“During the demolition drive, the electric wire was damaged,” she said. There is no light in the house, neither the fan works and she has taken shelter under a tree.

Puja and Bichchhi insist that they are Muslim Nats but it is difficult to know about their religion by their names.

Rupesh said that the majority of those living under the FoB belong to the Nat community. They are landless people doing small works like collecting honey, selling idols. They are involved in hunting too but the activity has gone down with decreasing number of trees. Some Nats are forced to beg too. It is said that the word Nat has roots in Sanskrit for the dancers.

Ft. Dr Jose Kalpura is the director of Xavier Institute of Social Research at Patna. He has co-authored a book called ‘Bihar Ke Nat- Jine Ki Bazigari (The Nats of Bihar-Jugglery of Life). Talking to TwoCircles.net, Dr Kalapura said the population of the Nat community is around six to seven lakhs. “The Nats are ‘Ghumantu’ but now they are trying to live in a settlement,” he said.

Dr. Jose said that the Nats are service providers to the urban rich but they don’t get dignity and proper wages for their services. “Though they move around for their livelihood but ultimately come back to this settlement. They are known for rope walking too,” he said.

Anjali Kumari belongs to the Mehtar community, which is another Mahadalit (a term coined by chief minister Nitish Kumar). She is a third-year college student. She is pursuing a B.A. course with Sociology honours. She has lost her father and lives with her mother Nilam Devi who works as domestic help. She said the portion of her house that was demolished had a toilet too. “Me, my mother and my sister-in-law have been forced to use the community toilet.” To provide for them, her brother sells honey which he collects from the unowned trees.

Anjali’s mother Nilam said that the police always threatens to demolish their ‘jhonpri (shack)’. “We never had any land and if our houses are demolished this way, where shall we the poor go?” she said. She rues that they cannot afford any house on rent.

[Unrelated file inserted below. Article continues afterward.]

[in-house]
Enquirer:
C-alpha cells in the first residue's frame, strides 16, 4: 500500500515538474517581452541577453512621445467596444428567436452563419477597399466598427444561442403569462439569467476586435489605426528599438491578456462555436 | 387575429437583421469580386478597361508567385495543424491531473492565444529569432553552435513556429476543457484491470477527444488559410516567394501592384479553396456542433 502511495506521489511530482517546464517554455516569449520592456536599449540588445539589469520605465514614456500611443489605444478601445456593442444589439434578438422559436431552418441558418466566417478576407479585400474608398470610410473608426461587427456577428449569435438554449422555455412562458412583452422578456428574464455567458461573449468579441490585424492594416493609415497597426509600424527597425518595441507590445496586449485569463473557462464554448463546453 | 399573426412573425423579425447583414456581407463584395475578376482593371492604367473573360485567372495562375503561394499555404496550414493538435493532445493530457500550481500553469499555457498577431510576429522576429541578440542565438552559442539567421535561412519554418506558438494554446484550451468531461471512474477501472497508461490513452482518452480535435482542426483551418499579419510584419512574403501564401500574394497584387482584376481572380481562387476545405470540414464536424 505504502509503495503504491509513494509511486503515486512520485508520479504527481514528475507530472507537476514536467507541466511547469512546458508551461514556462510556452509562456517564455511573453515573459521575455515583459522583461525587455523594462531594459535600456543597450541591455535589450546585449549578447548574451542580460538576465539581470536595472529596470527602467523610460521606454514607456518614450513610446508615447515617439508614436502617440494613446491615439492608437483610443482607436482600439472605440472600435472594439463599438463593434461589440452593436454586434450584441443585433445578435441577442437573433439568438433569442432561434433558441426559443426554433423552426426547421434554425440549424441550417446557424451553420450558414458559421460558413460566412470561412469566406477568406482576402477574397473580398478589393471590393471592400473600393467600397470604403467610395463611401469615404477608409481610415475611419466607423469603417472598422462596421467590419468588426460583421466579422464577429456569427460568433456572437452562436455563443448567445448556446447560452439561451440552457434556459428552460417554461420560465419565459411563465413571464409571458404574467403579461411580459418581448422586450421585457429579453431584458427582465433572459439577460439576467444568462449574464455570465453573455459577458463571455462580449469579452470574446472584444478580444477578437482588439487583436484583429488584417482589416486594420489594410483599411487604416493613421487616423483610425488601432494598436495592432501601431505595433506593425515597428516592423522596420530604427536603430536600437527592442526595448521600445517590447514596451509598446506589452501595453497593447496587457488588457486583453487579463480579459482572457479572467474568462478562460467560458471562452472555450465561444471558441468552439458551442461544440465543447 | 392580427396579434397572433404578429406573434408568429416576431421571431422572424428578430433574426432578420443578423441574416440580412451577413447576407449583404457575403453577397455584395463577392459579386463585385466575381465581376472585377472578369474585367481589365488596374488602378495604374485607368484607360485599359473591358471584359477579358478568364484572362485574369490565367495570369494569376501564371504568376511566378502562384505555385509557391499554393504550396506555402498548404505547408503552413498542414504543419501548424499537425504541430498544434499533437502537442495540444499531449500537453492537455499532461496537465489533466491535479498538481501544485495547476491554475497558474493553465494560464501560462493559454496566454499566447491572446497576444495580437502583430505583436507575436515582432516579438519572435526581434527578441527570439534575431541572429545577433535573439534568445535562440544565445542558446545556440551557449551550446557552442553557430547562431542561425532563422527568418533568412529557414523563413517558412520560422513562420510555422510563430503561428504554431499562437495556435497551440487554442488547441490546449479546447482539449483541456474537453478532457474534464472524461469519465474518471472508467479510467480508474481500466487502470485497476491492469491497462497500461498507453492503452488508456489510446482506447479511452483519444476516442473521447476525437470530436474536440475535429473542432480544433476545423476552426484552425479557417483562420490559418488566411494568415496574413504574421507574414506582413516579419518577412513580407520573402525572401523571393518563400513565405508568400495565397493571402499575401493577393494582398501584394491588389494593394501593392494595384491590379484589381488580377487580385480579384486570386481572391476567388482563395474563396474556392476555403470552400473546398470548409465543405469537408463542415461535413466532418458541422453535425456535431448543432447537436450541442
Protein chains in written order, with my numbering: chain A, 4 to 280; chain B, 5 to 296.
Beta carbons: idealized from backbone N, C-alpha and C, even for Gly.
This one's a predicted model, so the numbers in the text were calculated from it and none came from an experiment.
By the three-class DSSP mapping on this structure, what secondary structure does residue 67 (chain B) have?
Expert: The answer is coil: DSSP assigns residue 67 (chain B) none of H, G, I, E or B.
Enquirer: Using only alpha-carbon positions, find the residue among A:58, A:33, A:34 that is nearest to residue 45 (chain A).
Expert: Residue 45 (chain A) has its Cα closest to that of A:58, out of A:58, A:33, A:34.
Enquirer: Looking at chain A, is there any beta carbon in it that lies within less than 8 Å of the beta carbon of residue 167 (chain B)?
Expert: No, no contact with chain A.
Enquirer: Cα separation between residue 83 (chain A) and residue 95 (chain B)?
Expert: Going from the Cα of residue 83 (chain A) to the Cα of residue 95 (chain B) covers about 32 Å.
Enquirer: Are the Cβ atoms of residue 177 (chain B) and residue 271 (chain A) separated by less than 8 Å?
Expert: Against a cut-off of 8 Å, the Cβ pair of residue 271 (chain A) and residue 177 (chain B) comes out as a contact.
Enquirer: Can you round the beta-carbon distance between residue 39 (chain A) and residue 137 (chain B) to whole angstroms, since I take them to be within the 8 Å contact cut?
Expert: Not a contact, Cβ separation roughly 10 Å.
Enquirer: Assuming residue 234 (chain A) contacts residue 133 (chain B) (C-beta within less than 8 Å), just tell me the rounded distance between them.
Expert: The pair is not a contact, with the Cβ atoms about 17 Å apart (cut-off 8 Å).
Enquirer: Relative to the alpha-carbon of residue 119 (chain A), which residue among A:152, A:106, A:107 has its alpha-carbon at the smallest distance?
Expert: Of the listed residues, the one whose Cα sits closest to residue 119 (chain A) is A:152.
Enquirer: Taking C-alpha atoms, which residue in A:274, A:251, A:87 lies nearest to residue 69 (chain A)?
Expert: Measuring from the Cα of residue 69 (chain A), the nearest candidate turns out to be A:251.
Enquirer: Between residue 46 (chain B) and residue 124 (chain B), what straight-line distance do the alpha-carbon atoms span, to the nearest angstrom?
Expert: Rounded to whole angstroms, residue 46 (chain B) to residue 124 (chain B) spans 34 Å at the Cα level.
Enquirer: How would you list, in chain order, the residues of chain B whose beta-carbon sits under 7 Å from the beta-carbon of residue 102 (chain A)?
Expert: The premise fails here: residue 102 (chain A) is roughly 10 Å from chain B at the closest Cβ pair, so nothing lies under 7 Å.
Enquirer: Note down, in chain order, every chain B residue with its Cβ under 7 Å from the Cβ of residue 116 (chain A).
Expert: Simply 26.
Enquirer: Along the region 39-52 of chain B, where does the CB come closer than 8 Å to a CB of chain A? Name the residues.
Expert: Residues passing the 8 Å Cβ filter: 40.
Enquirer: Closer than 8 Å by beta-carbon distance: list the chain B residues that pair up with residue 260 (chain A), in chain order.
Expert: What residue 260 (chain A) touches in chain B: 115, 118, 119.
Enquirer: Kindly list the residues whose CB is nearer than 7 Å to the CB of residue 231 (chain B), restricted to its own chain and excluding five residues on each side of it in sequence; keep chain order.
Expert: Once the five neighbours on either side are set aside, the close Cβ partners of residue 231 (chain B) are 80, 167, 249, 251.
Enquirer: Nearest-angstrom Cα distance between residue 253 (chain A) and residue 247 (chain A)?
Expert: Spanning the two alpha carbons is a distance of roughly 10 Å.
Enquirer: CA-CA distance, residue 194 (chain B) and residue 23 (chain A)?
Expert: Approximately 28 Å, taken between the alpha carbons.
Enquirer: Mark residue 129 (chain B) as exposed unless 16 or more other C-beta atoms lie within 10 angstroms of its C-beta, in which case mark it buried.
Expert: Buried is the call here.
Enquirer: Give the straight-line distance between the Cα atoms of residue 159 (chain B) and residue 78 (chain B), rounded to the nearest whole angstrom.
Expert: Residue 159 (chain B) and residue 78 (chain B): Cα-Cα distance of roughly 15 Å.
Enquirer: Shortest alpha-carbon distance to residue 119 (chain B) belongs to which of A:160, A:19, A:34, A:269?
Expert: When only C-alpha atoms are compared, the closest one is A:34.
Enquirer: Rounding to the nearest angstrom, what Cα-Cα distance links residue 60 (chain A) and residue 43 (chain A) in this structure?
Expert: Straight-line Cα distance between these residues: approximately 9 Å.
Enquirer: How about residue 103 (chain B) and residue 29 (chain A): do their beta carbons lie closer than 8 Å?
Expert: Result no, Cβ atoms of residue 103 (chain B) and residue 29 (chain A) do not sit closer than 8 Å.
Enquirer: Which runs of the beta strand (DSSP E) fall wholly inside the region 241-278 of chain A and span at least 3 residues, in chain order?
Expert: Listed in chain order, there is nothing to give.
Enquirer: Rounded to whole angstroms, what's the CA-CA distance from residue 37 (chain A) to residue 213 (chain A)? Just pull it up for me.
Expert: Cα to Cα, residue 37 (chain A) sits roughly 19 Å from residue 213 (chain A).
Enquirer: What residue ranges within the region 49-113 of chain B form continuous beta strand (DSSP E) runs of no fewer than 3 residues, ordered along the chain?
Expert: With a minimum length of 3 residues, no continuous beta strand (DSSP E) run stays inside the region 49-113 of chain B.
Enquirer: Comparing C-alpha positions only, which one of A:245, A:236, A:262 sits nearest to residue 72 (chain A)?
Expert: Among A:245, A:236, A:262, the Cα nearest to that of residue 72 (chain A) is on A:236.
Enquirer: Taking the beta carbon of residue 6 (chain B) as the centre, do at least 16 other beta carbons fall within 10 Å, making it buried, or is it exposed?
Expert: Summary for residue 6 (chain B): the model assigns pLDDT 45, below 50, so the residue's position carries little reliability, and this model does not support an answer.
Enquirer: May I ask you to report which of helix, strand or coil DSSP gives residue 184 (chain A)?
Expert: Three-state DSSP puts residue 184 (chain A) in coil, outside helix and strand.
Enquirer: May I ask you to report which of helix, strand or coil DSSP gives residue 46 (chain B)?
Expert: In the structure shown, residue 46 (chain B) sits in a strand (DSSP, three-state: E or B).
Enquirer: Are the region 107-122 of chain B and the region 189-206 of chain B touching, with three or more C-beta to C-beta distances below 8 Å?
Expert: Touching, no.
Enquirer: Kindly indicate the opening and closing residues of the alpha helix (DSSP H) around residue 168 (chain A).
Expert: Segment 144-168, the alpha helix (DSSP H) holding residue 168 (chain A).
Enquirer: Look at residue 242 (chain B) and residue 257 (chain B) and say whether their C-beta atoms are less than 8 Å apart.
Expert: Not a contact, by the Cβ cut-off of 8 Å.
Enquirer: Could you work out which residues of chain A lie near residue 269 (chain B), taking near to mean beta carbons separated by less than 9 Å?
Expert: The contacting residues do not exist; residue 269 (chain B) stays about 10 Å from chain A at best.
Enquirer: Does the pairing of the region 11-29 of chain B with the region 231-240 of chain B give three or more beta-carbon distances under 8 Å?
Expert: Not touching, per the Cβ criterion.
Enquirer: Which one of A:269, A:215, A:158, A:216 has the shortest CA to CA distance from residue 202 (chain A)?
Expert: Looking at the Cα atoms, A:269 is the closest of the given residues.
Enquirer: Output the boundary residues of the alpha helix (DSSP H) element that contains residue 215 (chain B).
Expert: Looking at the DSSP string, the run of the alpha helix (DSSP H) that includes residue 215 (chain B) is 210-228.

Niraj Mahto, a Beldar, belongs to a backward caste and drives an E-rickshaw. He said that after the demolition they are using old sarees and other clothes as a wall. He has an Aadhar and ration card but no papers of any land as he never owned that. He claims that before the construction of this foot over bridge in 1995, they used to live near the M.L.A. flat of the late RJD and socialist leader Raghuvansh Prasad.

“We miss Raghuvansh Babu who never allowed the police to act against us,” he said.

Rupesh explained that it is the orientation of any particular government that decides their destiny. During the time of Lalu Prasad Yadav, they were untouched but the current Nitish Kumar government has a different orientation of getting a ‘tip-top’ image. “So, these people are not a major concern for the present government. I once met CM Kumar who flatly said that since the land of the city was too costly, he cannot allocate land for them here,” Rupesh said.

Sajda Khatoon is one of the few Muslims living under the FoB. She said that a few years back one ward councillor had promised them an Indira Awas but that was never realized. They were even given house number, but the house remained elusive. Her house too was demolished. Her son and grandson are forced to sleep in the open even during the night. There is tap water and electricity connection in their house but this demolition has forced them to think for a new place. Her son runs an E-rickshaw and cannot afford a rented house.

House of Sajda Khatoon after demolition. | Photo: Sami Ahmad

This area falls under ward no. 9 of the Patna Municipal Corporation. Councillor of this ward Abhishek Kumar agrees that an application to give houses to these people under Prime Minister Housing Scheme was submitted in 2018 but no one got a house. “Before dismantling the house, there should be an alternative arrangement to allocate an alternate place for them to live,” he said.

Jigar Nat also pulls a Thela to earn his livelihood. He had two ‘rooms’ but the police demolished both of them. “Chimiki taan ke rah rahe hain’ (I am iving under a plastic sheet.), he said, adding, ‘Du muttihi anajo nahin chhora’ (They not even spare a handful of grains).”

“Sab le gaya,- Chawal, daal, bartan” (They took away everything – rice, pulses and utensils). Where shall we go?,” he questions.

Shakuntla Devi is inconsolable. She starts crying while talking to TwoCircles.net. She is a Dhobi by caste, a scheduled caste, and works as a washerwoman. The demolition drive has hit her livelihood. She said the police took the “iron and even the clothes of the customers.” Weeping, she asks, “How can we return those clothes of the customers?”